Which Joe gave his name to ‘sloppy joes’? We look at five interesting sandwiches and their lexical origins.
A disorderly bout of fighting with the fists; a brawl.‘Casey and his mother's lover are to appear in court after a punch-up’figurative ‘there could be a few punch-ups with Britain's farmers’
- ‘At school we used to side with a few mates around the school yards and have a few punch-ups or fights after school, but they weren't like the gang-related fights of today.’
- ‘After a series of punch-ups at posh events in Manchester, they have been chastised by their industry's own magazine.’
- ‘As with most playground punch-ups, this bystander does not much care who started it.’
- ‘I came down to watch Biggar against Peebles recently and eight punch-ups later I thought this is not like Glasgow rugby.’
- ‘There's a feeling the town centre can be a nasty place with a lot of punch-ups going on, but there are many young people just enjoying themselves and having a drink.’
- ‘A West Coast-Borders derby without venom and tumult is about as common as a punch-up in chess.’
- ‘The Scotland camp, it was claimed, was riven by punch-ups among its own players and ill-disciplined drinking bouts.’
- ‘The record doesn't want you to just kick back and listen, preferring to taunt you from your chair via head-nodding blues punch-ups and brawling rock 'n' roll.’
- ‘But in the case of a deposit row, a tenancy deposit scheme does seem like a better way to sort out a punch-up than, well, a punch-up.’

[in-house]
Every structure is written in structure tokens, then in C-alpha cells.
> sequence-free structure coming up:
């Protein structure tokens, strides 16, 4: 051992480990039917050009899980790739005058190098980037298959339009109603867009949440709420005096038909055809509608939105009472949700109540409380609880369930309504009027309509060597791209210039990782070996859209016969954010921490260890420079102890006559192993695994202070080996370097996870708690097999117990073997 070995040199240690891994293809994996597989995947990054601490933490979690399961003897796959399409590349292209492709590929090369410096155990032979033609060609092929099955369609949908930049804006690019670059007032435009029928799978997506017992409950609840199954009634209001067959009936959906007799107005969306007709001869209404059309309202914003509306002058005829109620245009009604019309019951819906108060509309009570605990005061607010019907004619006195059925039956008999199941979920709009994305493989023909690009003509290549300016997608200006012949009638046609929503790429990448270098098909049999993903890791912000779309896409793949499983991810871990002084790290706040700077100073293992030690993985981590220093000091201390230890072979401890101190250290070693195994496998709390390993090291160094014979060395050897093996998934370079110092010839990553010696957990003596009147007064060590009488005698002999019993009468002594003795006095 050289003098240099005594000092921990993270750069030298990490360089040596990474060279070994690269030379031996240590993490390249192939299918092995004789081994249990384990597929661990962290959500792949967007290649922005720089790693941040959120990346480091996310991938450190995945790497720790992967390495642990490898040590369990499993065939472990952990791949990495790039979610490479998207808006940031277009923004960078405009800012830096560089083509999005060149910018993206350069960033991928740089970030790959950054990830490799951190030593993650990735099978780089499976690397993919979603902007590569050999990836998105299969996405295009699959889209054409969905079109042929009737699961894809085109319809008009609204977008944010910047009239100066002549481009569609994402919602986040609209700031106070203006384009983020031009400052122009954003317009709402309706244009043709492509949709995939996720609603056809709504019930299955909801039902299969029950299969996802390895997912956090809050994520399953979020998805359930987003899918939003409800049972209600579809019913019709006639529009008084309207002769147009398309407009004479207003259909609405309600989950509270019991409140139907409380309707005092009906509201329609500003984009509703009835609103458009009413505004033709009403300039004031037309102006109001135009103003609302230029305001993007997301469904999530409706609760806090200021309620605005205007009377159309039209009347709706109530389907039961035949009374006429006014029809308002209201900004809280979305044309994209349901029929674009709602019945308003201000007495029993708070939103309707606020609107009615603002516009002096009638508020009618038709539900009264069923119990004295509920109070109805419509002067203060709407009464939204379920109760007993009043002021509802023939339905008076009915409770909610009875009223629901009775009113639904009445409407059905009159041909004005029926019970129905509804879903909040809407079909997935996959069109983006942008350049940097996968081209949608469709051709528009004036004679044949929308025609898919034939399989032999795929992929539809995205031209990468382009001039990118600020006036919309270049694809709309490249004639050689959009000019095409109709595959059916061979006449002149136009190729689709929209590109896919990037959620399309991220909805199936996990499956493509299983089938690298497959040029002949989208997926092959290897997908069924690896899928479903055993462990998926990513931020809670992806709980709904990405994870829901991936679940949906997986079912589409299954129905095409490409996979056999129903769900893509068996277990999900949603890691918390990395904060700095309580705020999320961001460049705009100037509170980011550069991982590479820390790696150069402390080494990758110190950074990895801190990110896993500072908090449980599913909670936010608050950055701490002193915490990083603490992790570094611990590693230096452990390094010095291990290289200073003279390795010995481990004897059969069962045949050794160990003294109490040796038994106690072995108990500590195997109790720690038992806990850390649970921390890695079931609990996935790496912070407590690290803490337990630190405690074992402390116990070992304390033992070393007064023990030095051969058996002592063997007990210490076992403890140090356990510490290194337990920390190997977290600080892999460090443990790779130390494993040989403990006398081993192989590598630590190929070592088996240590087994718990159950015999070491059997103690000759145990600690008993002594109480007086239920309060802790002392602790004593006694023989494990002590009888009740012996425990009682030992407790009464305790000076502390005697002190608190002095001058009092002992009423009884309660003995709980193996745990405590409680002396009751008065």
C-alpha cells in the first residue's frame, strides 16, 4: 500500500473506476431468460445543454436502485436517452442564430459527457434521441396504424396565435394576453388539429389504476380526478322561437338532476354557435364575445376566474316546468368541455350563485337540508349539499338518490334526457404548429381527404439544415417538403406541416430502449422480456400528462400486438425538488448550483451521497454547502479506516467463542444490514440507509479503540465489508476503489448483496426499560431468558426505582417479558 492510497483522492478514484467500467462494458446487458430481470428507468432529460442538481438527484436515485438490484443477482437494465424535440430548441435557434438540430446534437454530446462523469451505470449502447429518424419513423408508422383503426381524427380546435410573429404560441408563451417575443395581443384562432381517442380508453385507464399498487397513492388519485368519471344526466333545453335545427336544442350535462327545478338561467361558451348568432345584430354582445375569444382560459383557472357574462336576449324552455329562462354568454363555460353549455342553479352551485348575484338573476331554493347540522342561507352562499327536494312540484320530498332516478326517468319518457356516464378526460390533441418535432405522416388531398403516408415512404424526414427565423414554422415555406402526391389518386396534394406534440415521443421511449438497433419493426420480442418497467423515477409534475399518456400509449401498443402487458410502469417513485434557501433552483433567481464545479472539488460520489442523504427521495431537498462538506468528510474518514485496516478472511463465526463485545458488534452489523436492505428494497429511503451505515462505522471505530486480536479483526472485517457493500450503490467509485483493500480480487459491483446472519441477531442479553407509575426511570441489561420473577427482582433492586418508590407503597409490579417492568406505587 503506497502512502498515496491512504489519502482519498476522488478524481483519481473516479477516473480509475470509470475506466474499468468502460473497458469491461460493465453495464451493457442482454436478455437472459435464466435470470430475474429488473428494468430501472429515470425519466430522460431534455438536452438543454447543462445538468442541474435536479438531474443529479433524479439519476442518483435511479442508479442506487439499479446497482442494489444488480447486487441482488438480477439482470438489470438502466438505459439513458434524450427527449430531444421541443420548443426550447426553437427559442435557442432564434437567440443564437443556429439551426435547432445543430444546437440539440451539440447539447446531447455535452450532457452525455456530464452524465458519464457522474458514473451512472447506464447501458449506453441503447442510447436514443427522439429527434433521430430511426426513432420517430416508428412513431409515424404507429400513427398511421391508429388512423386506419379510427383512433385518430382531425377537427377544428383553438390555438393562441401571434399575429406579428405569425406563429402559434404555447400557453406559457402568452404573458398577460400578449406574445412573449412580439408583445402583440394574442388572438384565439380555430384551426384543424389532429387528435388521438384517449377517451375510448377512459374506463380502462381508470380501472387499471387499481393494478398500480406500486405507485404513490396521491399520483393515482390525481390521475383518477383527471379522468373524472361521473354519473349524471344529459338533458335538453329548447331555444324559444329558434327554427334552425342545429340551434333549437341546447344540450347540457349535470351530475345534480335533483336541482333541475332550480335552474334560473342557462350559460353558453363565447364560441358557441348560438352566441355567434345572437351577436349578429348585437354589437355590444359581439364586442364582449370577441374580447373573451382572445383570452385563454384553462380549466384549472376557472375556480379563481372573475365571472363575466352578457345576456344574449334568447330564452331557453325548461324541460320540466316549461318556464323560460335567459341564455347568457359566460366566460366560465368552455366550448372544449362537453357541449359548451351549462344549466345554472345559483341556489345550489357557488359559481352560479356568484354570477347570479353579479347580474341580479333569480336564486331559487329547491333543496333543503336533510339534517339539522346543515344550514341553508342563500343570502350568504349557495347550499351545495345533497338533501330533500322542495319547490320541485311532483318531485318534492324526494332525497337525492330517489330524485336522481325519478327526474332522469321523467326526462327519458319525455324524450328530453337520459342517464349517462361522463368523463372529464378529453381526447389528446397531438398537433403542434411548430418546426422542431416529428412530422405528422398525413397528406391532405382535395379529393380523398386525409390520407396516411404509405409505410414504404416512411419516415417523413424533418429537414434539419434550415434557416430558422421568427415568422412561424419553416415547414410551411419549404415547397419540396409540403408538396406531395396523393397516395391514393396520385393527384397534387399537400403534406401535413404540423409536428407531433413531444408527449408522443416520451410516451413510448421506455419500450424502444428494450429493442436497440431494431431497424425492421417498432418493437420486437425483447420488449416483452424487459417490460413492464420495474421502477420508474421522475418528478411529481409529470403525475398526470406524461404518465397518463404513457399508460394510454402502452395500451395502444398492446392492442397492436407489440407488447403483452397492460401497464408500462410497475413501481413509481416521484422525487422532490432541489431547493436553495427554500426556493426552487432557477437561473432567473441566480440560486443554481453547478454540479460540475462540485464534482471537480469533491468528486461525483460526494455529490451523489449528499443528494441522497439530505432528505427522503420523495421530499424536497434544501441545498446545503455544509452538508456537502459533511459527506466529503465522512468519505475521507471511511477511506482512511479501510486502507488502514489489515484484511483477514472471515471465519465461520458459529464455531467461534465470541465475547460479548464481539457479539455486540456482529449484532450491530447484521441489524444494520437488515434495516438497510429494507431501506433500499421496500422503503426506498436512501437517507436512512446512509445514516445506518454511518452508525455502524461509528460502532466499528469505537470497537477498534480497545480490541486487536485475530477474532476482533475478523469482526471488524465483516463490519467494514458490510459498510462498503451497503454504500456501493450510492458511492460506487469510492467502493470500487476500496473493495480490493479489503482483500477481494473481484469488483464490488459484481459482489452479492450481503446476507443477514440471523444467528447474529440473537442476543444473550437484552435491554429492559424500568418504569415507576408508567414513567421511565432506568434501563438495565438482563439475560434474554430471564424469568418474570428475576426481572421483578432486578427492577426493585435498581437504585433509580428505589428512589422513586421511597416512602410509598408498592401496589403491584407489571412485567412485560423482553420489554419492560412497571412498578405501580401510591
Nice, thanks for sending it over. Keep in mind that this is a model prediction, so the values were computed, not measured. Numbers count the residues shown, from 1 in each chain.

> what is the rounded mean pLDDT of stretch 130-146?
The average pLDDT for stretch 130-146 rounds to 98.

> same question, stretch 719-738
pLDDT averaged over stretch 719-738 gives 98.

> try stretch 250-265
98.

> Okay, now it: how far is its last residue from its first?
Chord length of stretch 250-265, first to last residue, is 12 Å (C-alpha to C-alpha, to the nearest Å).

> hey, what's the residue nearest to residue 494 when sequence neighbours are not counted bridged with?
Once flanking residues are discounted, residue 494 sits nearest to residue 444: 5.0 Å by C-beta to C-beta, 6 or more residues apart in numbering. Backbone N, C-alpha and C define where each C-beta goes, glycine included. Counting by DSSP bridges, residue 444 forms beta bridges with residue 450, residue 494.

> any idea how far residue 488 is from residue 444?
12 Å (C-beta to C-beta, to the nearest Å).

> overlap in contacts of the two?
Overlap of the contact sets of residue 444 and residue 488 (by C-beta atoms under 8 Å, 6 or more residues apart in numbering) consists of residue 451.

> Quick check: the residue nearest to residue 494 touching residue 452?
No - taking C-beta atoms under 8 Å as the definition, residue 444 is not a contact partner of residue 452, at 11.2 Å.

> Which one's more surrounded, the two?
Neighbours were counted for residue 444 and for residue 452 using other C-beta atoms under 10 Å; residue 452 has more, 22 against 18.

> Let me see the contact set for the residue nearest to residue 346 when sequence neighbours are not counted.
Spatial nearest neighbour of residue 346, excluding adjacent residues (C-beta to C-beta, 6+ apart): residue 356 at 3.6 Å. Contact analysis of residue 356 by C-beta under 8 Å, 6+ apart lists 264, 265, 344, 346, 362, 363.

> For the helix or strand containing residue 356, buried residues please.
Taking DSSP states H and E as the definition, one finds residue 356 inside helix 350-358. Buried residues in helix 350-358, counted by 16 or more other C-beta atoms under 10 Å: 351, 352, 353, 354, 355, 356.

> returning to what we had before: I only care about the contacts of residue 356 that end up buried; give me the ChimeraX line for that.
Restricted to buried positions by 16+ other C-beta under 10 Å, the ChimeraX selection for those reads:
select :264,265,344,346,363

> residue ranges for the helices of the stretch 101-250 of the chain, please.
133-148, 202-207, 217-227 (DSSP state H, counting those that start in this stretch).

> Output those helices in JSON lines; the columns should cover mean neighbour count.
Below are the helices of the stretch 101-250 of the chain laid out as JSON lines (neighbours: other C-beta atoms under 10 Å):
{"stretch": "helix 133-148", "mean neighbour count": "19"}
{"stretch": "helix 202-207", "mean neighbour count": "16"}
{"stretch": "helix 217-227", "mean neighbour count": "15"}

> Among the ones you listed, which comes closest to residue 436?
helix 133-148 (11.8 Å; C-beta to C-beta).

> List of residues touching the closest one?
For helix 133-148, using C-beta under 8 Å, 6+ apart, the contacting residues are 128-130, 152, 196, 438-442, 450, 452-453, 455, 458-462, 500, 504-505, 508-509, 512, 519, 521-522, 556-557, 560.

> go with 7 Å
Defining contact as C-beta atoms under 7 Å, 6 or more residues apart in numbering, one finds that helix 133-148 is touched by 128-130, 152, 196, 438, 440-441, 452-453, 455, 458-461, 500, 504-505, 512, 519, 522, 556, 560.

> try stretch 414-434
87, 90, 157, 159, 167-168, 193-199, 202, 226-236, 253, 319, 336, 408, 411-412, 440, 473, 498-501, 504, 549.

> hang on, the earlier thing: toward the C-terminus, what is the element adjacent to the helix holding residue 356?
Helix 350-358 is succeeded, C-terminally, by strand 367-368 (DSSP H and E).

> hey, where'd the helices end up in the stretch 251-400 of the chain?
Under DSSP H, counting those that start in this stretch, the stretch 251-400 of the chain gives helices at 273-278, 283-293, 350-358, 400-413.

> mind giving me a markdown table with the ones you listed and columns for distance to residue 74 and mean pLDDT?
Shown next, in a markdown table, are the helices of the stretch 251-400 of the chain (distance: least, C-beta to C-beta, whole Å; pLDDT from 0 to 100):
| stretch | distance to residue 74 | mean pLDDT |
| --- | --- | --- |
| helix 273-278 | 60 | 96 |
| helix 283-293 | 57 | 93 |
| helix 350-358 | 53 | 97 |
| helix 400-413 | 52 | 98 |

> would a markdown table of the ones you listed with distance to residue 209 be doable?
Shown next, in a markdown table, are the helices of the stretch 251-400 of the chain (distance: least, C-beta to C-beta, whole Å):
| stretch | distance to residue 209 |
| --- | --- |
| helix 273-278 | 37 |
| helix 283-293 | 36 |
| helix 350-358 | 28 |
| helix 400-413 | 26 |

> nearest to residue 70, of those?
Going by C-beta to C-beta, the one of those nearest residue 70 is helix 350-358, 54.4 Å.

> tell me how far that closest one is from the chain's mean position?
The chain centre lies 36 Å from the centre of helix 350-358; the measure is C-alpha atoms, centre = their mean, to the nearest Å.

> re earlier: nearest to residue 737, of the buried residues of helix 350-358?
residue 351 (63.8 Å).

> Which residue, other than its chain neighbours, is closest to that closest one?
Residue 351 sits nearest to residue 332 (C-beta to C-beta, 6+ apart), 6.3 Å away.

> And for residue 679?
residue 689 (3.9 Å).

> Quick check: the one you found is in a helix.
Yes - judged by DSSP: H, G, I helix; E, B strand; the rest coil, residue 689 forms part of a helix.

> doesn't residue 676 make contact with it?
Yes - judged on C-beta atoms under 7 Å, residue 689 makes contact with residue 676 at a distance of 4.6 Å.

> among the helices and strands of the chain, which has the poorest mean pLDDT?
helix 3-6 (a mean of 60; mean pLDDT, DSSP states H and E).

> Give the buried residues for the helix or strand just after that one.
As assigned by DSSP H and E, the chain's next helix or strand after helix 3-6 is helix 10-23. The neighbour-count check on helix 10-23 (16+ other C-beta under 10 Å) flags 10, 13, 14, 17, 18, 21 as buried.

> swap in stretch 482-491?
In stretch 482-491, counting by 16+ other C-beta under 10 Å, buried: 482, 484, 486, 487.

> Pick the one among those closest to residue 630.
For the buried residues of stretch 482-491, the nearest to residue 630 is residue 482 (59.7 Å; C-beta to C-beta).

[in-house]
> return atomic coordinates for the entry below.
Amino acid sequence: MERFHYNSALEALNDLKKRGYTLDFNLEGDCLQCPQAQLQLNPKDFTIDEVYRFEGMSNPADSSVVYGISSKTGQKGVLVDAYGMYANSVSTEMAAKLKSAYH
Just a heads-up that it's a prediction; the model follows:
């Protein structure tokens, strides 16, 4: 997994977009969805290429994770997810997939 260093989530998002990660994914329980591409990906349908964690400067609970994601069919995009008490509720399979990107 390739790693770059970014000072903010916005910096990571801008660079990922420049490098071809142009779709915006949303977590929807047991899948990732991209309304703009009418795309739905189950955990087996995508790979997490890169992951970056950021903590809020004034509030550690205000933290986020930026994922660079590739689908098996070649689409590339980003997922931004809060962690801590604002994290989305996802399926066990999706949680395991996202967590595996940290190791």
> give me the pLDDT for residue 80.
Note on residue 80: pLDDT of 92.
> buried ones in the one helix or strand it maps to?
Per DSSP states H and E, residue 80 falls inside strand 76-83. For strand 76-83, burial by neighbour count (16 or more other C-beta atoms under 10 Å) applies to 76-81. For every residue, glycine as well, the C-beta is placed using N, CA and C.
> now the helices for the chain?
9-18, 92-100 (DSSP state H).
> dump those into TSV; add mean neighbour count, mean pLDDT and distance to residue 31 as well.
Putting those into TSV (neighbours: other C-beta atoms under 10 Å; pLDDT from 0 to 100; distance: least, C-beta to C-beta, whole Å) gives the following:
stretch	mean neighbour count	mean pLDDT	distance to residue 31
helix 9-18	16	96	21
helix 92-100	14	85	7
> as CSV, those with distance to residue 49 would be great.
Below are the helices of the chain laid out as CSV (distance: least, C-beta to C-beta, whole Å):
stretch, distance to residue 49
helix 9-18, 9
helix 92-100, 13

- ‘Policing and legislation forced the real ‘firms’ to arrange their punch-ups hundreds of miles from football grounds.’
- ‘The stage was set for one of the biggest punch-ups in Australian corporate history.’
- ‘I'm an emotional wreck due to all the talk of boarding schools, punch-ups, tantrums, and love.’
- ‘Police predict 800-plus attacks, woundings and punch-ups by the end of the year.’
- ‘What I didn't see were drunks, body fluids, punch-ups and verbal abuse.’
- ‘‘We didn't have drunks or punch-ups,’ adds Brenda.’
- ‘Several minutes of disorder ensued, which included punch-ups and the Oxford goalkeeper apparently pinning a rather more bulky Warwick team member to the ground saying repeatedly ‘Who's my bitch now?’’
- ‘Keighley used to have that perception of being somewhere to come on a Friday or a Saturday night and have a punch-up.’
- ‘What a pity they never met, quarrelled and had a public punch-up.’
- ‘For all the giant leaps and superhuman punch-ups, jokes and quips, he manages to give a quite touching layered performance.’
- ‘You often see people getting out of their cars and starting punch-ups.’
Are you looking for a word for a foolish person? We explore twelve interesting words to describe the dunderheads in your life.
Before you run for the hills, let’s run through a list of ‘run’ expressions that are running through our minds.
The definitions of ‘buddy’ and ‘bro’ in the OED have recently been revised. We explore their history and increase in popularity.